The research the second in Mimecasts Shape of Email series surveyed 2,500 information workers in the US, UK and South Africa to explore the average employees attitudes to, and frustrations with, email. The report found that on average an information worker will use email for four hours per day; equivalent to more than 37 full 24-hour days over a working year, 111 working days, or 888 working hours.
However, users are also frustrated by the limitations of email. Just one in four users report high levels of satisfaction with their email functionality and one in three expect email and social media to converge in the next five years. It is clear that email needs to evolve if it is to cope with the demands of modern day Inbox Workers, who see email not just as a communications tool but as a file store, search engine and a collaboration platform.
So, what is an Inbox Worker? And how can you tell if you are one? Here are a few tips:
- You use your inbox as a default file server and search tool No longer just a tool for sending and receiving messages, an Inbox Workers email account is their default way of storing, filing and searching for documents or information:
- 86 percent of email users surveyed rely on email as a search tool to find documents or information from within their inbox or archive
- However, with email systems rarely designed for rapid searching, these searches take two minutes on average, suggesting that a lack of intelligent search capability is contributing to the huge amount of time spent using email every day
- Despite this, one in two (49 percent) believe that email is reducing the need for other file storage systems
- Your use of work email has been unaffected by social media Inbox Workers use social media, but it is primarily for personal use. The rise of social media has had little impact on their reliance upon work email:
- Shape of Email found that email is preferred over social media for all forms of workplace collaboration, including documentation exchange (preferred by 91 percent of respondents), arranging a meeting (preferred by 89 percent), requesting information (88 percent) and sharing views and opinions (72 percent)
- 78 percent of email users say that social media has not reduced their reliance on email for dealing with customers and 76 percent say that it has not reduced the need for email when communicating with colleagues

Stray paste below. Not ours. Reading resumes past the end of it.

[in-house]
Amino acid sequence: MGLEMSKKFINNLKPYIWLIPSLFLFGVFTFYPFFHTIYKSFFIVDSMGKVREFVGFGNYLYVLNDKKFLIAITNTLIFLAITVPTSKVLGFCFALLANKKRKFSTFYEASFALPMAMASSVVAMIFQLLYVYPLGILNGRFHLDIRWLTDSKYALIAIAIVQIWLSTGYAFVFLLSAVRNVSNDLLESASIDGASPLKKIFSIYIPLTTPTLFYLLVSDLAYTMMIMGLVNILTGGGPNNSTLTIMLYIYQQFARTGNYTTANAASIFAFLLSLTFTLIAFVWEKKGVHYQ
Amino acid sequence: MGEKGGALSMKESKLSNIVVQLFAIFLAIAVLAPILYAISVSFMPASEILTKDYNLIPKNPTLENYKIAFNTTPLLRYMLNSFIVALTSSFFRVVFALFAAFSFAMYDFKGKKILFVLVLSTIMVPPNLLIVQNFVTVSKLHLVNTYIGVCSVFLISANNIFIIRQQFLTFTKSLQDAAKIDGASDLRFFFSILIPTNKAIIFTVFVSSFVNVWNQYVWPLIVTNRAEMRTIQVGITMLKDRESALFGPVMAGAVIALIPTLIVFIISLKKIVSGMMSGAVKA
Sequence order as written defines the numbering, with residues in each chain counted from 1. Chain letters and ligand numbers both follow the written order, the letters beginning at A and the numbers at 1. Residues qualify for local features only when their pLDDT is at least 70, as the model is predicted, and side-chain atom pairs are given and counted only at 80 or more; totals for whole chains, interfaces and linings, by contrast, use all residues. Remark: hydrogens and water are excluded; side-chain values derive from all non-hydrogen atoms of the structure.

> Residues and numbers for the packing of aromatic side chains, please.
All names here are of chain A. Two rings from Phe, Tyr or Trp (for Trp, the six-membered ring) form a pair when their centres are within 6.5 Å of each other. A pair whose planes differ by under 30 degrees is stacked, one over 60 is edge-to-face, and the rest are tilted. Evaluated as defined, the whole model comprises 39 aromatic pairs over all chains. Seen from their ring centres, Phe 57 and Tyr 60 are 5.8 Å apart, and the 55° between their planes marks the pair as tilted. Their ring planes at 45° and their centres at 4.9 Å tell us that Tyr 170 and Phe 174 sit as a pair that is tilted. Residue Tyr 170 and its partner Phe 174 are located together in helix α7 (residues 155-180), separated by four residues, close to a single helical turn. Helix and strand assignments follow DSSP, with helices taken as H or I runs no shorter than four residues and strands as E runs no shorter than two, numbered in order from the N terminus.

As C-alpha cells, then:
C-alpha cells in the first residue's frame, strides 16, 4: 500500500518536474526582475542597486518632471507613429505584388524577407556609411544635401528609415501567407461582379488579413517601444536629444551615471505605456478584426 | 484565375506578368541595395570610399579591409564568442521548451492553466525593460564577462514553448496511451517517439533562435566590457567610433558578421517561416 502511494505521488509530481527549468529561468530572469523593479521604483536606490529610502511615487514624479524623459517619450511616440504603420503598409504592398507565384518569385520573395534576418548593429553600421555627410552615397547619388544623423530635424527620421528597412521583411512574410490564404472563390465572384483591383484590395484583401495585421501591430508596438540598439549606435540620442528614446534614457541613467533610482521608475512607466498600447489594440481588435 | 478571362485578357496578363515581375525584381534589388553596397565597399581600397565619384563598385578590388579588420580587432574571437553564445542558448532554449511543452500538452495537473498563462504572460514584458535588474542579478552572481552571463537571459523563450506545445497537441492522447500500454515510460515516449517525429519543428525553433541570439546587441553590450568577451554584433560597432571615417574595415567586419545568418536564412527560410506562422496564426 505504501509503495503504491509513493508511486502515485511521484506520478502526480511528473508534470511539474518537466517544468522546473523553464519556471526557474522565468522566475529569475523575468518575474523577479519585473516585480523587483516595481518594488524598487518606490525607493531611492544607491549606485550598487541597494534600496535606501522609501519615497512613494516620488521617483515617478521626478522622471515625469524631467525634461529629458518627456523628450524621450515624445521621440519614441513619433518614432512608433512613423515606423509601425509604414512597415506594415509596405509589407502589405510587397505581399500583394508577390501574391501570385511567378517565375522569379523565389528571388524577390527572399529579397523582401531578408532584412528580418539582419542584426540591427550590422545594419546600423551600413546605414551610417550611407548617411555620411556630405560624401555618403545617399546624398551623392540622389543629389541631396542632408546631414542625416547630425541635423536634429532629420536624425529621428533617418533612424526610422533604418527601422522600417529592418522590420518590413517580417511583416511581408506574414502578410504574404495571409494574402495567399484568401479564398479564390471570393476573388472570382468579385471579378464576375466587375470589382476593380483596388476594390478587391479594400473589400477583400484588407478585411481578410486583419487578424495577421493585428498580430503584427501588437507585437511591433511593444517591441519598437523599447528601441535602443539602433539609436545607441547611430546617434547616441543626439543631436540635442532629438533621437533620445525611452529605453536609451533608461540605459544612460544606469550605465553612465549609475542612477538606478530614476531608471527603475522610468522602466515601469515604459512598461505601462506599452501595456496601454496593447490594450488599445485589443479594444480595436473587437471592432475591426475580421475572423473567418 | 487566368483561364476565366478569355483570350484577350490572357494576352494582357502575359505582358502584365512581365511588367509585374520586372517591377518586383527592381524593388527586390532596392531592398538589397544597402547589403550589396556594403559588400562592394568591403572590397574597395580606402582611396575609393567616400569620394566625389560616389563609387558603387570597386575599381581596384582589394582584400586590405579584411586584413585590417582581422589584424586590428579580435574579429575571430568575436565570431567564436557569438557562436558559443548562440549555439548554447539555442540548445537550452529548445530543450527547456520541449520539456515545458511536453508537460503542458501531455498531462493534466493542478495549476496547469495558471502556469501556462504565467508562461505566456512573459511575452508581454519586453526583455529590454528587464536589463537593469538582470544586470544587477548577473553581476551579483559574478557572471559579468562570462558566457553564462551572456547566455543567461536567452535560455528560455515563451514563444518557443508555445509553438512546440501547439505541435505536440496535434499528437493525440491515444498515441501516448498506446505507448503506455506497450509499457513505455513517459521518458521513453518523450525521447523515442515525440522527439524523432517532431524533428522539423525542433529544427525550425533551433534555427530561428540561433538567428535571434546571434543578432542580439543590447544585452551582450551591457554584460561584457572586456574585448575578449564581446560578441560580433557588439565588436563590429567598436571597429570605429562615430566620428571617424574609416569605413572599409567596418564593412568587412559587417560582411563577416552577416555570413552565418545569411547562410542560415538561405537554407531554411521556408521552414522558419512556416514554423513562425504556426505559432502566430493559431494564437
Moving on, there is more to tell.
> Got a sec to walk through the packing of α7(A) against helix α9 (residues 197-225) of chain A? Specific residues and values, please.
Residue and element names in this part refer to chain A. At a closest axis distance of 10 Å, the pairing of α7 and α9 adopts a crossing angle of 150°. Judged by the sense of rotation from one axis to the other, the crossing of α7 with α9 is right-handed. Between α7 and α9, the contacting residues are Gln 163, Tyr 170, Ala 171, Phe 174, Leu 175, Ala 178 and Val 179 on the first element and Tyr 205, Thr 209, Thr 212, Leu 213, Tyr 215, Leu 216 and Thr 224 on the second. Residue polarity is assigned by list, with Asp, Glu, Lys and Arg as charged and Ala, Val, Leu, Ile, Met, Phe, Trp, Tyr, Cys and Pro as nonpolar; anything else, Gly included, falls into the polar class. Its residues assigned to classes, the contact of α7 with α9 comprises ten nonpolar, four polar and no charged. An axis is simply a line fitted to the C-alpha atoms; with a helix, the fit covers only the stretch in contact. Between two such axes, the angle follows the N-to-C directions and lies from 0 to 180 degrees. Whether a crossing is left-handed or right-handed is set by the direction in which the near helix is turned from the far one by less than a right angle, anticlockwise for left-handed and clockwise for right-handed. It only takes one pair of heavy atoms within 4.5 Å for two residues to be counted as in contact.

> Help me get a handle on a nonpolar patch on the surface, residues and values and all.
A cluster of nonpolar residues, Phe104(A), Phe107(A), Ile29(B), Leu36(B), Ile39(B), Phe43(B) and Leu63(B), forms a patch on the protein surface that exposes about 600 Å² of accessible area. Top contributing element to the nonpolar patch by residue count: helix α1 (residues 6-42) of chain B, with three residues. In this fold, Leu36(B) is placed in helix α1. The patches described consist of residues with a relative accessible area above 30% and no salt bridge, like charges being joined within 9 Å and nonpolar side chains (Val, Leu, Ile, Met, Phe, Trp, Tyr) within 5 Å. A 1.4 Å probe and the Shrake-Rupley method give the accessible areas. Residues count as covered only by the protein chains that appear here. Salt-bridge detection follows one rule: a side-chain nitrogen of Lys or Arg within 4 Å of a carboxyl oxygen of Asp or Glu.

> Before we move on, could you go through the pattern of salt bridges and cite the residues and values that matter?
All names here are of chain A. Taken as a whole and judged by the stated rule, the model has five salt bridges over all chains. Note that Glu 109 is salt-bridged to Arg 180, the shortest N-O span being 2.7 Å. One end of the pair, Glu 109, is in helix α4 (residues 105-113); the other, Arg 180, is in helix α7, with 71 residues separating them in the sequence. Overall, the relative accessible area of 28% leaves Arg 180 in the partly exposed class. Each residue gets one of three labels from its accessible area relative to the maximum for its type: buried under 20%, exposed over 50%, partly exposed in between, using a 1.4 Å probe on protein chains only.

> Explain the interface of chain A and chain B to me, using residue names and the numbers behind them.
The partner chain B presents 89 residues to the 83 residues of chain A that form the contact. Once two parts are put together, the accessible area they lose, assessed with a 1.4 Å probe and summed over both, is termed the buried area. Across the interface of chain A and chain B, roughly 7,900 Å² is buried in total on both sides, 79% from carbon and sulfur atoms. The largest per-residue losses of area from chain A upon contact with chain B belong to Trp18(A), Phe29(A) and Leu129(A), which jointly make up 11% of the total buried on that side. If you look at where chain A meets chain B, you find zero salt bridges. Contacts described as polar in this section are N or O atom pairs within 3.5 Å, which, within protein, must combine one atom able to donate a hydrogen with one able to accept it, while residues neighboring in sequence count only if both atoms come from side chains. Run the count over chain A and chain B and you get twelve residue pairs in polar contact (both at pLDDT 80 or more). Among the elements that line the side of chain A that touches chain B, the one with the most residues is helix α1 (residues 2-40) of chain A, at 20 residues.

- 74 percent of information workers believe that information shared in an email is taken more seriously than information shared through social media
- Your love of email can lead to bad habits With Inbox Workers relying on email for so much of their working day, their dependence can give rise to bad corporate behaviour:
- While 39 percent of information workers regularly send and receive workplace email outside of working hours, 25 percent of email users admit that they have sent emails late in the evening purely to show commitment
- 75 percent say that they have sent emails they have later regretted, with 40 percent having deleted emails they shouldnt have
- Even more worryingly, 10 percent of those surveyed admitted to having read emails in other peoples inboxes
- You like to be kept in the loop Inbox Workers like to be copied on emails, even if they are non-essential messages:
- Nearly half (45 percent) of email users believe that it is useful to be copied on emails internally with 35 percent saying that they find Cc email a really useful way of staying on top of external communications. Just one in five (21 percent) believe that Cc email is overused within their company
- This might explain why 40 percent of all emails received are considered to be functional or of low value and just 14 percent of all emails received are considered business critical
- On average, email users receive 32 emails a day, containing 4.5 megabytes of data in total
- Also, IT teams overestimate the impact of social media on email usage:
- One in three IT decision makers thought that the use of social collaboration tools had reduced employees reliance on corporate email when surveyed for Mimecasts first Shape of Email report. However, this is not borne out by the experience of employees
- While 32 percent of IT teams thought that social tools had reduced the need for email when communicating with colleagues, only 24 percent of information workers agreed
- And while 30 percent of IT managers thought that social media has impacted on the need for email when dealing with customers, just 22 percent of users felt the same
The research shows that the way the average employee uses email at work has changed, commented Peter Bauer, CEO and co-founder, Mimecast. For many people, email is no longer just a messaging system. It has become the primary tool for storing, sharing and searching for information. This is why we are seeing information workers increasingly becoming Inbox Workers; they rely on email for all aspects of their job and spend, on average, 50 percent of their working day using email.
What is clear is that, despite the huge number of specialist collaboration and social tools that have come to market in recent years, email remains the first choice for the majority of business users, Bauer continued. While email is not perfect, it seems that information workers are reluctant to adopt other, more social, tools if it means they have to leave their inbox behind. Therefore, rather than trying to entice users away from email and on to other platforms, IT teams should look for ways to make their email more efficient by introducing new, inbox-friendly collaboration tools and making the data stored within the archive more accessible.